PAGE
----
Mind Over Medicine and Surgical Techniques
ORTHOPAEDIC surgeons don’t have a reputation for introspection, so I was more than a bit surprised when one I knew quite well told me he was spending time at Ian Gawler’s health retreat in Victoria.
This friend had a rare tumor and wasn’t doing well. He’d bailed me up after listening to a talk I’d given in which I railed against the potential toxicity of alternative therapies. He accused me of the ignorance I was ascribing to others and was lyrical about Gawler and his regime of meditation, diet, and other complementary approaches based on the former vet’s own experiences with cancer.
Far more recently, I was similarly – and naively – paused in my tracks when I heard that Chris O’Brien was using complementary therapies. O’Brien is a tough-minded, evidence-driven, high-performing cancer surgeon who had, until his diagnosis with a fiercely malignant brain tumor, been responsible for a cancer center that aspired to be Australia’s best.
Dementia Blunts Knowledge
None of us can be sure how we’ll think or behave should we have an idea of when we might die. For some, dementia blunts that knowledge; for others, it’s a sudden heart or brain attack. But the disease that will carry about a third of us off is one where we will often know or sense our fate in advance – and that’s cancer.
Cancer is different from other diseases. Once your body has shown itself capable of allowing a malignant cell to multiply, it’s hard to feel free, especially when treatment can be rugged. No disease takes away a person’s self-worth and confidence like cancer. People feel lost in a process where things are done to them and it’s easy to be beaten down physically and psychologically. Many feel unable to make decisions and express their distress, especially when there’s a pervasive belief that being positive is critical to how well you do.
People with cancer yearn for a cure yet cancer research has been frustratingly devoid of dramatic leaps. The story has been a grind of modest but steady increases in survival through improved scanning and testing, surgical techniques by better-trained cancer surgeons, and slightly more effective drugs and ways of giving them.
Guy Allenby’s biography of Gawler and O’Brien’s autobiography challenge attitudes and the way things are done.
Gawler is a vet who developed bone cancer in his leg, had an amputation followed by regular cancer treatment, and feels his life was saved by a plethora of therapies, from psychic surgery to coffee enemas to meditation and diet. After returning to veterinary practice briefly he turned to help others with cancer.
Allenby, while captivated by Gawler, doesn’t necessarily accept the aura. More than Gawler’s ’80s account of his illness in You Can Conquer Cancer, Allenby describes a complex character who can be infuriating. Gawler tried such a wide variety of treatments, therapies, and meditative techniques here and overseas that anyone wanting to know his secret would be hard put to discover it.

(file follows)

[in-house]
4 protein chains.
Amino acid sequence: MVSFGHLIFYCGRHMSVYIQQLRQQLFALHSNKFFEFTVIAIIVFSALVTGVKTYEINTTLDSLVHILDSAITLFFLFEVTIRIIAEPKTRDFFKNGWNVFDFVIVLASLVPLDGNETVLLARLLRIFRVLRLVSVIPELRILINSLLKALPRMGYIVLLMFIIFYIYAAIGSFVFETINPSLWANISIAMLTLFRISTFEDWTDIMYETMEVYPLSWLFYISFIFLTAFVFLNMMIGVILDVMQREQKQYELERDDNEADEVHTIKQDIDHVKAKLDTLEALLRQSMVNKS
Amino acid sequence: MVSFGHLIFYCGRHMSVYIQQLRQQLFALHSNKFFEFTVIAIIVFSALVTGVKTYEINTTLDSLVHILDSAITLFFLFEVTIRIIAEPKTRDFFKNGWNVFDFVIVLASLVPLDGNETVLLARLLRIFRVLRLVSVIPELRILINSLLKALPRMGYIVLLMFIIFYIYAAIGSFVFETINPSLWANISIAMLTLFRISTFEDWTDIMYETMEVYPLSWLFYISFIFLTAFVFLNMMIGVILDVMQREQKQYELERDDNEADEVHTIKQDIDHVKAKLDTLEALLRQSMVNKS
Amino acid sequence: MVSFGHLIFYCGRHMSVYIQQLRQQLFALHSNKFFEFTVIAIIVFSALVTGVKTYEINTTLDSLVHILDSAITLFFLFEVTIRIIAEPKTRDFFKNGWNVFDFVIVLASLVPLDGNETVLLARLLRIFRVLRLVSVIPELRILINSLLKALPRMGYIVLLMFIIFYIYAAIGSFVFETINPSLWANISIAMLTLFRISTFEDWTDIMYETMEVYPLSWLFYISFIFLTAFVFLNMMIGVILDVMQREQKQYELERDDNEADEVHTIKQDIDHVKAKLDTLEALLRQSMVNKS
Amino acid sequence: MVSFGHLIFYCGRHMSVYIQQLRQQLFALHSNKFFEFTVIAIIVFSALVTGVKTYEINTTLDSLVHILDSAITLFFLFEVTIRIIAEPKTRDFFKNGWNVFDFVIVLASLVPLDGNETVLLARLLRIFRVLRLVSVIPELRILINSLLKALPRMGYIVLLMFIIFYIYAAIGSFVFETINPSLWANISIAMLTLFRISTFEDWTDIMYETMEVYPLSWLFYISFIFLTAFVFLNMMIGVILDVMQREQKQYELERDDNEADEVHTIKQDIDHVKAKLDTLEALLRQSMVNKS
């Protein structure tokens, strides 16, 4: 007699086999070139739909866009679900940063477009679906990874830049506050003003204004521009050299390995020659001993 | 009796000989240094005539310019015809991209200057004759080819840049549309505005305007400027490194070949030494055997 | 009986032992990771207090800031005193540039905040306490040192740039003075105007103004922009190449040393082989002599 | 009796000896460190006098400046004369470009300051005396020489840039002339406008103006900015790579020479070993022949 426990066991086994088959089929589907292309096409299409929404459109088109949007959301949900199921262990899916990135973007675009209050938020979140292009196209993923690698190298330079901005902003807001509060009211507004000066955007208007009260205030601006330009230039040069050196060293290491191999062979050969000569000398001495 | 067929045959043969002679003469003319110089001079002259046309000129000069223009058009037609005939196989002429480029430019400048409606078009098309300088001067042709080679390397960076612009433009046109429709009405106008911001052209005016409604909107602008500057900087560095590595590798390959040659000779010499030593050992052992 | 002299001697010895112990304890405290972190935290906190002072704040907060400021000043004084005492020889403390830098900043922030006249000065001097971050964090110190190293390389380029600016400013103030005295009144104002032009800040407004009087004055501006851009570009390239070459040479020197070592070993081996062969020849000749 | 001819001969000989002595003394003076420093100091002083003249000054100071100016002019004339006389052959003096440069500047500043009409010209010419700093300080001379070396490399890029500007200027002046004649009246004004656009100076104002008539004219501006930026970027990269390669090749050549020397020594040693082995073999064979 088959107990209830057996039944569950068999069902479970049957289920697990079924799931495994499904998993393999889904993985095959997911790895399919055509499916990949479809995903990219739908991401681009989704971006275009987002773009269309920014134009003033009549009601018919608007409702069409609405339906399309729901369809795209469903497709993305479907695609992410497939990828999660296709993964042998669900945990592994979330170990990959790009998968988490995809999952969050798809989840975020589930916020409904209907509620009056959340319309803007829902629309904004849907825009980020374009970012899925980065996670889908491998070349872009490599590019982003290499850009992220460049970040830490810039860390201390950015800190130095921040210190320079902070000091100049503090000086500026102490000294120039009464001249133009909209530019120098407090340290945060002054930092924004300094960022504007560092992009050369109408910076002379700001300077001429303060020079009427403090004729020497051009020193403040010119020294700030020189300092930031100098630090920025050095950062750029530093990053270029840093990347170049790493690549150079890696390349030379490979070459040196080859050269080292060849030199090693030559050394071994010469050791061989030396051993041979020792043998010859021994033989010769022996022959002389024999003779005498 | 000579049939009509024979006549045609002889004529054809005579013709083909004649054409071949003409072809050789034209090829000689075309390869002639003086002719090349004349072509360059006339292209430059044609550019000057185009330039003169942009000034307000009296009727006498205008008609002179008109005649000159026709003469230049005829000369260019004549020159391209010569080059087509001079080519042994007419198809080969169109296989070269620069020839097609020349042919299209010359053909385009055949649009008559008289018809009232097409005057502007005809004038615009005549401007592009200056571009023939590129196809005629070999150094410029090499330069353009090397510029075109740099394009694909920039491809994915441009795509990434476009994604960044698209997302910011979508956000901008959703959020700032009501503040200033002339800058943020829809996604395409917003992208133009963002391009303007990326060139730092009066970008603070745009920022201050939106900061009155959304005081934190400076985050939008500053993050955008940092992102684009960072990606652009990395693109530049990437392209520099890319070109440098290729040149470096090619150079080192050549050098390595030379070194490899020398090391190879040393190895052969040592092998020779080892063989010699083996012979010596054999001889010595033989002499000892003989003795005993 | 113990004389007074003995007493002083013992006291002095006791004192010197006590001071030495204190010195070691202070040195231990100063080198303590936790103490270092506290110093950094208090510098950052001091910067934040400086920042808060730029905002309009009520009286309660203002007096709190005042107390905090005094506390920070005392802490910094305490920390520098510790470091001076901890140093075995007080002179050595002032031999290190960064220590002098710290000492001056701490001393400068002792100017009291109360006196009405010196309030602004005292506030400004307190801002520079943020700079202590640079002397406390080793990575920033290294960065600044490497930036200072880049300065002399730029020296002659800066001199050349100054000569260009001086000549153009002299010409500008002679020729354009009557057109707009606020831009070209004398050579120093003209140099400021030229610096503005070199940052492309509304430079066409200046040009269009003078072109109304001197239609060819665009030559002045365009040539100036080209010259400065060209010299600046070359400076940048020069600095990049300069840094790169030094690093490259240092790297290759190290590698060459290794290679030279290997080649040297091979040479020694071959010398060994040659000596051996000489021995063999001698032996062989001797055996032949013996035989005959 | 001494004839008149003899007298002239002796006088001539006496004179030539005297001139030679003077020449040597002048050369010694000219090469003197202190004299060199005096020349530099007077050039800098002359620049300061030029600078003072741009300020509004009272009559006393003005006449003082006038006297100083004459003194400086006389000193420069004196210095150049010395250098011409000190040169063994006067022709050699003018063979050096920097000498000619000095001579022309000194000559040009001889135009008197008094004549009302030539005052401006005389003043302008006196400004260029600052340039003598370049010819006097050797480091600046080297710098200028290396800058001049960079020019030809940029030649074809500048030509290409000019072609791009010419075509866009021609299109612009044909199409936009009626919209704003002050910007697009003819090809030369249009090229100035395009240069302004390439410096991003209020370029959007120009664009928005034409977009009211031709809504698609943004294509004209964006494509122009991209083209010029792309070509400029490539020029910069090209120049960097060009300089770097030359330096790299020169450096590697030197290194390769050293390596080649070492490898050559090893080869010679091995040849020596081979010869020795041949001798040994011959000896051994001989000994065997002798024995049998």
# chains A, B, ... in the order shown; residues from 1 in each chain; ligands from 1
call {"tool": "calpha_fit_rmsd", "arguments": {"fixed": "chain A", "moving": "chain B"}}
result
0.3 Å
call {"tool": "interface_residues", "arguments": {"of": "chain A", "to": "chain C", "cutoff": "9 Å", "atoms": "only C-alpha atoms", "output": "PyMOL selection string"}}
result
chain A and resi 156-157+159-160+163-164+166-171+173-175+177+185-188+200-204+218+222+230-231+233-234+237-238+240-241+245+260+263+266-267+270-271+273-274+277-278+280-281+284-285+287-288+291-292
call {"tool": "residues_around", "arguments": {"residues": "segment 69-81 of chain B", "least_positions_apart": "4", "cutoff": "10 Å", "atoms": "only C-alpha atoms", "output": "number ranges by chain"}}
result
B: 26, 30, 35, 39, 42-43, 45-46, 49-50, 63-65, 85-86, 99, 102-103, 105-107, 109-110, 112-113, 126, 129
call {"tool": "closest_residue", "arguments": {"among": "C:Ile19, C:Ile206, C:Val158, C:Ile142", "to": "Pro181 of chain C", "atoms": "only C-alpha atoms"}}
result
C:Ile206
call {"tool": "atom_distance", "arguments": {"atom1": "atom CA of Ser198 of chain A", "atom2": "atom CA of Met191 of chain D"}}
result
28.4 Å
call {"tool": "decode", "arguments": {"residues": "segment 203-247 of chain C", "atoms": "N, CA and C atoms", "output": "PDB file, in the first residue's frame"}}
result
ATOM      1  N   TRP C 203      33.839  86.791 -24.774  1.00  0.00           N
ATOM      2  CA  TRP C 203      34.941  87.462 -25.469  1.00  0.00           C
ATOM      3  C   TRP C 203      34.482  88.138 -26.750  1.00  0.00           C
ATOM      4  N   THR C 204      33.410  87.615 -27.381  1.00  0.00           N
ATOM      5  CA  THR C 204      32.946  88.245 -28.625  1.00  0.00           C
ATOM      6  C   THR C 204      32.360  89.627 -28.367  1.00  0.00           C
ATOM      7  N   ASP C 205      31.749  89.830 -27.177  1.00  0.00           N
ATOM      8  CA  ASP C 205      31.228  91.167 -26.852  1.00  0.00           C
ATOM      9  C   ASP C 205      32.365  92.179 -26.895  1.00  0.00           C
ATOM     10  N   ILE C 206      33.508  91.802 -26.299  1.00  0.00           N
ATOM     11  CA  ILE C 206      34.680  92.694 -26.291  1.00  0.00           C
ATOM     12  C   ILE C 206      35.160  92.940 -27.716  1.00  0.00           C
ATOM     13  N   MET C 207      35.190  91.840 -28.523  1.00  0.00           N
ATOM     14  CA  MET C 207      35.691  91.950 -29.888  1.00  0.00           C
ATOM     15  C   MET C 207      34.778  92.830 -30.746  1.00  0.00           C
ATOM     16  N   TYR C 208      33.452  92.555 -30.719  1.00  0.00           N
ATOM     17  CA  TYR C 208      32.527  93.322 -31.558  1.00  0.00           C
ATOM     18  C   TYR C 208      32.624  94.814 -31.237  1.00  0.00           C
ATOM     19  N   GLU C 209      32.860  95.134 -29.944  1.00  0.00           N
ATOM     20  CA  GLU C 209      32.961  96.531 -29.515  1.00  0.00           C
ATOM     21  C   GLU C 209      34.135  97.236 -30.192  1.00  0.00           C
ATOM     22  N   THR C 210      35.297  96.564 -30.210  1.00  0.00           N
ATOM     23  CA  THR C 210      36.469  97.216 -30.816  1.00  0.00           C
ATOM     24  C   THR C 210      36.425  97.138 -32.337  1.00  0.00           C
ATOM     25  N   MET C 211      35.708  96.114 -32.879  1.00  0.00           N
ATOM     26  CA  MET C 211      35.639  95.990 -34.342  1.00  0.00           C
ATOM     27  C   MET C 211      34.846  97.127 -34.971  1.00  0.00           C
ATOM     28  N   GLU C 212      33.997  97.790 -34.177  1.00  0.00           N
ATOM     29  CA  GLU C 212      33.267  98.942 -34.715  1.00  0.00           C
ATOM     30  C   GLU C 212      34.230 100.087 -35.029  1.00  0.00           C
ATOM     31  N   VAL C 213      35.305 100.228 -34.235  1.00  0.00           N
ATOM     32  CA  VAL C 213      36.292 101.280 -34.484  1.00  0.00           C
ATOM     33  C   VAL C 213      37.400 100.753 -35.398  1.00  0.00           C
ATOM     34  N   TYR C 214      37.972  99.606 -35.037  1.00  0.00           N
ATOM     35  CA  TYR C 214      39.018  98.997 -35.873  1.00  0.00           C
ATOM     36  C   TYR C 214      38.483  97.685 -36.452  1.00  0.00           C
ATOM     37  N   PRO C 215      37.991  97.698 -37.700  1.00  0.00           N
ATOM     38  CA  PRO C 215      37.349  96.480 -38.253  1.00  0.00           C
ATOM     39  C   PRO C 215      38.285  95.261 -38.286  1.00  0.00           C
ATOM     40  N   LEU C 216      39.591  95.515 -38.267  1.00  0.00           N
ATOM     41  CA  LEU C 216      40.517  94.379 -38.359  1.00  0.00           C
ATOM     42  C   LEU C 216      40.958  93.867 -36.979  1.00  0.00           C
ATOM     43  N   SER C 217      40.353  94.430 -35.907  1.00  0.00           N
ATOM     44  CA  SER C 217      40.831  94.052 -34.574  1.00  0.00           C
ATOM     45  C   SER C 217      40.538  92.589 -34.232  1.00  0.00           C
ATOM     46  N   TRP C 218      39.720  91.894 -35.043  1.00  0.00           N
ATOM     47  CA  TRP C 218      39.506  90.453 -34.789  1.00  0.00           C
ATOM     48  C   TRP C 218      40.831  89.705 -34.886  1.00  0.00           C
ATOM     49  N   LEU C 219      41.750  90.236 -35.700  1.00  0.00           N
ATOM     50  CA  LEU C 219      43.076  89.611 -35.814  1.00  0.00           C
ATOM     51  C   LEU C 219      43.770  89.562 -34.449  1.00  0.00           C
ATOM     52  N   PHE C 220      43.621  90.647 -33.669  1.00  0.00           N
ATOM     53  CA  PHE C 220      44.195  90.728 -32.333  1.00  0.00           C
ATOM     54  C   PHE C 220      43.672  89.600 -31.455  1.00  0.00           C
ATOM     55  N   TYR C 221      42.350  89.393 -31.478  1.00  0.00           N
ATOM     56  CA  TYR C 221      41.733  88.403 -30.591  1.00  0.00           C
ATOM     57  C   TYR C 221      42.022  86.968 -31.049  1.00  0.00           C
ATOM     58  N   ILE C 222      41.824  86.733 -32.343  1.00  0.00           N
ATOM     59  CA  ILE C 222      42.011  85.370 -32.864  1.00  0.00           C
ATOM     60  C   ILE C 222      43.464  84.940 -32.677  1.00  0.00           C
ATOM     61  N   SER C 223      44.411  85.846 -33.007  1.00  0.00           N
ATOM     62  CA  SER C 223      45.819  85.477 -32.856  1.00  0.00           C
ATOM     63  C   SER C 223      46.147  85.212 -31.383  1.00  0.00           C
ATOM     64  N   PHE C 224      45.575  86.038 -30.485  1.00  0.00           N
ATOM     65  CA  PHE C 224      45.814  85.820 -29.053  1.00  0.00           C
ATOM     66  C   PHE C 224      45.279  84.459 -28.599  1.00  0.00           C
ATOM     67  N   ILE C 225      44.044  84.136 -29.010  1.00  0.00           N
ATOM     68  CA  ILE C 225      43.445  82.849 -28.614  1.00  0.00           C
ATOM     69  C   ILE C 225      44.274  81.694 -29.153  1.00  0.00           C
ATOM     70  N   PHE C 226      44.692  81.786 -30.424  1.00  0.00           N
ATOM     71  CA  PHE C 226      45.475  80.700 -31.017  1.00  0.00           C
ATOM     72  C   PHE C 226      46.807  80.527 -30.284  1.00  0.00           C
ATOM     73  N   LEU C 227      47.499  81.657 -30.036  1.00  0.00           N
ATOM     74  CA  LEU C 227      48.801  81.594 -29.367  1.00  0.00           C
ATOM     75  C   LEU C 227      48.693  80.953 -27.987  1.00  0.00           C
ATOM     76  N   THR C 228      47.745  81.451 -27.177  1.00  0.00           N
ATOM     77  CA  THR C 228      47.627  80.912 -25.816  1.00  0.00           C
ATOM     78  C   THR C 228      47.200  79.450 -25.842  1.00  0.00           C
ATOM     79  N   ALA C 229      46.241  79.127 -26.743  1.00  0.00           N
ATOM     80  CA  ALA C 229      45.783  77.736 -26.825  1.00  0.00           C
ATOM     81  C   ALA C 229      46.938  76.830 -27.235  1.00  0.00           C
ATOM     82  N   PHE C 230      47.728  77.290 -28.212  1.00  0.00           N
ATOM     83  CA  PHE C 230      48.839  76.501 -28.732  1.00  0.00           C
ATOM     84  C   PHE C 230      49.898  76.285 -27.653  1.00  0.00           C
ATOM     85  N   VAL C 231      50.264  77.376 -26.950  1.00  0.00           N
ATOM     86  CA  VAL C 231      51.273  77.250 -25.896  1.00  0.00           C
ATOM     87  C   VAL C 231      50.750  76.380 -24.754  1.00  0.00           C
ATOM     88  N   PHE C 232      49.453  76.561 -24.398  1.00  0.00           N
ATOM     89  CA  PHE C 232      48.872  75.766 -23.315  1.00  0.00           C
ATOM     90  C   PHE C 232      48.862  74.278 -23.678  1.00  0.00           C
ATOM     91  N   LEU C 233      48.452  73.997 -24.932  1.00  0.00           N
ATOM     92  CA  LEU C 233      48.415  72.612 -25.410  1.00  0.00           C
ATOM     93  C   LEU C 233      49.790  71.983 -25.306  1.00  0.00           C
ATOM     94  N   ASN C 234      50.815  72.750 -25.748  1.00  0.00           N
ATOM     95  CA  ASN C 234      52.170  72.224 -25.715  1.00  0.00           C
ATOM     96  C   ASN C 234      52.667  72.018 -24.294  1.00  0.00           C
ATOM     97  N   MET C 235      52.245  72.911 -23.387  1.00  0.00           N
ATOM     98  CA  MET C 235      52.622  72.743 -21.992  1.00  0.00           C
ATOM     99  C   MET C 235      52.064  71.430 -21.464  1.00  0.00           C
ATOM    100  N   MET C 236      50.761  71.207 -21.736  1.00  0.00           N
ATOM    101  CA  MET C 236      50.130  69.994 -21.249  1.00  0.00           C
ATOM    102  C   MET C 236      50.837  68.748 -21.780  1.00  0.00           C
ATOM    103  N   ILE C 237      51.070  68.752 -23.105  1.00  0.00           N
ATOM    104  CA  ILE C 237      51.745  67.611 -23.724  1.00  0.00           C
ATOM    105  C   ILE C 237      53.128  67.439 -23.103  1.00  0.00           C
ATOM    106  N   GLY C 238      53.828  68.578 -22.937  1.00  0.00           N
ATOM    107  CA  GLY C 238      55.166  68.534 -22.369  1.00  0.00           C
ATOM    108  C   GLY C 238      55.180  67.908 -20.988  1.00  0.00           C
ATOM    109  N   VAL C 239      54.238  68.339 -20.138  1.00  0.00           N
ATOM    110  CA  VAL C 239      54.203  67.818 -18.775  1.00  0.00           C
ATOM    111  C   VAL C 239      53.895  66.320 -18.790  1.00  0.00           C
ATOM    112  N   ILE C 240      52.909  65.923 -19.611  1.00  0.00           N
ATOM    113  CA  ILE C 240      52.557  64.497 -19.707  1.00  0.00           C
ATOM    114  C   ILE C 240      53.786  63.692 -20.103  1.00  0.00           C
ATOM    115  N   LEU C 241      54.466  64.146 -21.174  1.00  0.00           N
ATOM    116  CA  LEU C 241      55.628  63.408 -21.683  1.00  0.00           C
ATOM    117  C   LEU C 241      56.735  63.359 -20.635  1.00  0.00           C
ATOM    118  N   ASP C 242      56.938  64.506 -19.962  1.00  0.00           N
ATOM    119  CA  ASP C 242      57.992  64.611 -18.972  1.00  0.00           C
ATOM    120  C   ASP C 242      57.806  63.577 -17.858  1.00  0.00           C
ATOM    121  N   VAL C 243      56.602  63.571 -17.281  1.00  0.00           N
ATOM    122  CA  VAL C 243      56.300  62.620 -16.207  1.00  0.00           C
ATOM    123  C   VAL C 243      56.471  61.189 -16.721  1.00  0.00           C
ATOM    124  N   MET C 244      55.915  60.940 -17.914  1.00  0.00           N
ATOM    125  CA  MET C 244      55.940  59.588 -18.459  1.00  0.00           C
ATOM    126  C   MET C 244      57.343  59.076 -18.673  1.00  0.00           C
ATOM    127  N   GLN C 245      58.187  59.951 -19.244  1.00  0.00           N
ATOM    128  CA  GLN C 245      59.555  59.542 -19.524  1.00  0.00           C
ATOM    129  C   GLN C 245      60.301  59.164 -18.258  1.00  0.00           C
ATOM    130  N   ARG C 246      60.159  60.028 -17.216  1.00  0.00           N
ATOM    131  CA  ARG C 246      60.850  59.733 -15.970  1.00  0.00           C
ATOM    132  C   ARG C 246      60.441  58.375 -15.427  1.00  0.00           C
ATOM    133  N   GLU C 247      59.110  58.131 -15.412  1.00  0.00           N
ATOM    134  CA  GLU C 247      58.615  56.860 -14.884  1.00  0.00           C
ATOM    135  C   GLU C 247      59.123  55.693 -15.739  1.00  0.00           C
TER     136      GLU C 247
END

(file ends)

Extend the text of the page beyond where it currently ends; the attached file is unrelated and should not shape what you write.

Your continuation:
Gawler, though, has given people with cancer an avenue for asserting some control over their lives, and in the years he has been promoting the value of meditation evidence has emerged for the effectiveness of Buddhist-style (mindfulness) meditation in alleviating depression. In addition, integrative medicine, which aims to bring orthodox and complementary medicine together safely, has entered the mainstream.
But from this biography, it’s not difficult to see why orthodox medicine still has problems with Gawler and it’s typified by this sentence: “If there’s one fundamental thing that Ian has learned of his own healing, it is that his existing nature and his inner patterns were a key causal factor in his own illness.”
There is not a shred of evidence that personality type or a person’s psyche influences the development of cancer and it is, quite frankly, a cruel implication that if you have cancer it’s a character weakness. There are also judgments made – at least in the book – which many people with cancer would reject. For instance, there’s criticism of palliative chemotherapy – chemo is given without the prospect of cure – because it may add time but with disability. It’s a legitimate debate but, in fact, women with breast cancer have successfully mounted major campaigns for expensive palliative chemotherapy and have been very grateful to receive it.
O’Brien’s autobiography –
which will be popular with the thousands of viewers who got to know him over the years on Channel 9’s RPA – is a bit disappointing but typical of the man in that he refuses to dwell too much on his transformation from cancer doctor to cancer patient. Yet what he shows in spades – just like Gawler – is the true value of optimistic thinking. It’s not that your psychological state somehow affects your immune system and therefore influences your tumor biologically. Being in a good frame of mind allows you to participate in your own care more assertively and to not accept “no” for an answer from your doctors. In O’Brien’s case, he made sure he got into the hands of gun neurosurgeon Charlie Teo and accepts all that orthodox medicine has to offer. When people do that, the likelihood is that they’ll do better.
To help him along the way, O’Brien has come to terms with his spiritual self through religion and is prepared to try complementary medicine, including meditation, even though the evidence is weak or non-existent. Mind you, smart alecs would say, “Since when has lack of evidence stopped a surgeon?”
Both books are a bit domestic.
The bulk of the O’Brien autobiography relates to his medical training, which reads more like a diary and is not compelling. The book is better when he confronts the contradictions and dilemmas thrown up by his working-class, Catholic roots. Allenby’s writing is more even and the details generally serve to understand Gawler better.